• Hiring Professional(s): Typically startup outreach programs within corporates are initiated and led by an enthusiastic, mid-to-senior level employee with an entrepreneurial mindset (Intrapreneur). And, in most cases, Startup Outreach Programs are added responsibilities for this employee and not the sole one. And, once the initiative is kicked off, the outreach program champion and the team struggle to manage and cope with their regular corporate job responsibilities and the outreach program. Also, they lack the necessary objective industry experience to onboard, incubate and grow young and agile startups. Hiring professionals such as Investment Bankers (in case of corporate venture funds) or consulting firms/ independent accelerator teams will ensure the successful setup and smooth operations of corporate startup outreach programs.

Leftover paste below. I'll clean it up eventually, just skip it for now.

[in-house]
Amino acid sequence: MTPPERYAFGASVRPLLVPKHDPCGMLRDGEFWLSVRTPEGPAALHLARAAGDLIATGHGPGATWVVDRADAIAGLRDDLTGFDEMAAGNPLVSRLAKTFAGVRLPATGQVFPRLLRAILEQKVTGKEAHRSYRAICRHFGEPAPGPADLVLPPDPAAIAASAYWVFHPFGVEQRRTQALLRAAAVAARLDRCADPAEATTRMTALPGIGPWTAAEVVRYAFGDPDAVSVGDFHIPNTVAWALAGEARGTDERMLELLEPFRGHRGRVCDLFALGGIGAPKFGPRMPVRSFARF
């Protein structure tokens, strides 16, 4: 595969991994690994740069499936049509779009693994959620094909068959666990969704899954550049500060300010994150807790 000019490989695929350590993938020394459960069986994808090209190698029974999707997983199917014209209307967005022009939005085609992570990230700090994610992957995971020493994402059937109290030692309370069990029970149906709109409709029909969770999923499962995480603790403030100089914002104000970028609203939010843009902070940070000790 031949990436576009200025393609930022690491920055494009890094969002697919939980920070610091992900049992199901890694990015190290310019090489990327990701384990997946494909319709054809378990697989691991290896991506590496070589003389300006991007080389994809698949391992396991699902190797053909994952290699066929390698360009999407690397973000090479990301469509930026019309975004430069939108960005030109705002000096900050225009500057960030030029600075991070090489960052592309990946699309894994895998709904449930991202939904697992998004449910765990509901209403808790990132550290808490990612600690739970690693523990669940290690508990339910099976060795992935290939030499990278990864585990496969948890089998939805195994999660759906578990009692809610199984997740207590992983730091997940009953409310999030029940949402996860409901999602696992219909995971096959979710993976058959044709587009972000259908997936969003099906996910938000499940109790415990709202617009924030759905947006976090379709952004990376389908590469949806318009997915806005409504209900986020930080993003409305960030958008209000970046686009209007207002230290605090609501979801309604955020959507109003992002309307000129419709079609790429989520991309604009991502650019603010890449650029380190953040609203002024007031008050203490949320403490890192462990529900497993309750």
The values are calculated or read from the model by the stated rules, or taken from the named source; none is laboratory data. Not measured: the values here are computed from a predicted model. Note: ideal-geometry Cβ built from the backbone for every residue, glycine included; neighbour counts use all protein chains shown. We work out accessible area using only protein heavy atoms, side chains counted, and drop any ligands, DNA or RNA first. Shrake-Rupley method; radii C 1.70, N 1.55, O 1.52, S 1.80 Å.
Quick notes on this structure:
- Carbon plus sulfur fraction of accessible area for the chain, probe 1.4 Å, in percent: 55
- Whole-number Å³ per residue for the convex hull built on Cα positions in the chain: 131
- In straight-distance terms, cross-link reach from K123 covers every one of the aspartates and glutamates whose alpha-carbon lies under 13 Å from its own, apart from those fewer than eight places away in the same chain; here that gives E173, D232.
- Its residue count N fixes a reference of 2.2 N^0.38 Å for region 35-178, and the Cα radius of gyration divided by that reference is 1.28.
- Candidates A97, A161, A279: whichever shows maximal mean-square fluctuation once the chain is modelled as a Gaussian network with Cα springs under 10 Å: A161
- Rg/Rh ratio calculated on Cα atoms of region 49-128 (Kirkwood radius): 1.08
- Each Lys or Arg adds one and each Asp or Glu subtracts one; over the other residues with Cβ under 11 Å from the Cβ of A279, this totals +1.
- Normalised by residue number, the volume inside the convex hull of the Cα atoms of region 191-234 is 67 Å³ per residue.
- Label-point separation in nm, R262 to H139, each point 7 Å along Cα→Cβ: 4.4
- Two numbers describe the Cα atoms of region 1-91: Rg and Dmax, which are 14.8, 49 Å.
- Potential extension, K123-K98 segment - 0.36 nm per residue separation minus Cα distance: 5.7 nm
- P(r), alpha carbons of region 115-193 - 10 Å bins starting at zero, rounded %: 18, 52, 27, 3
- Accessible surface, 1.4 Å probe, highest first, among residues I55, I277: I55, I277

• Startups need to be patient: Startups, especially young ones are agile in their technology and product development, and expect the same agility and speed with their corporate partners associated with them in the outreach programs. However, they need to understand that decision-making in large companies is most often than not democratic and they have their own processes and it will take time. This needs to be factored into the startup’s plan. The startups (especially, B2B and Enterprise) can use this experience as a prelude to their business development process when they eventually approach large corporates as potential clients.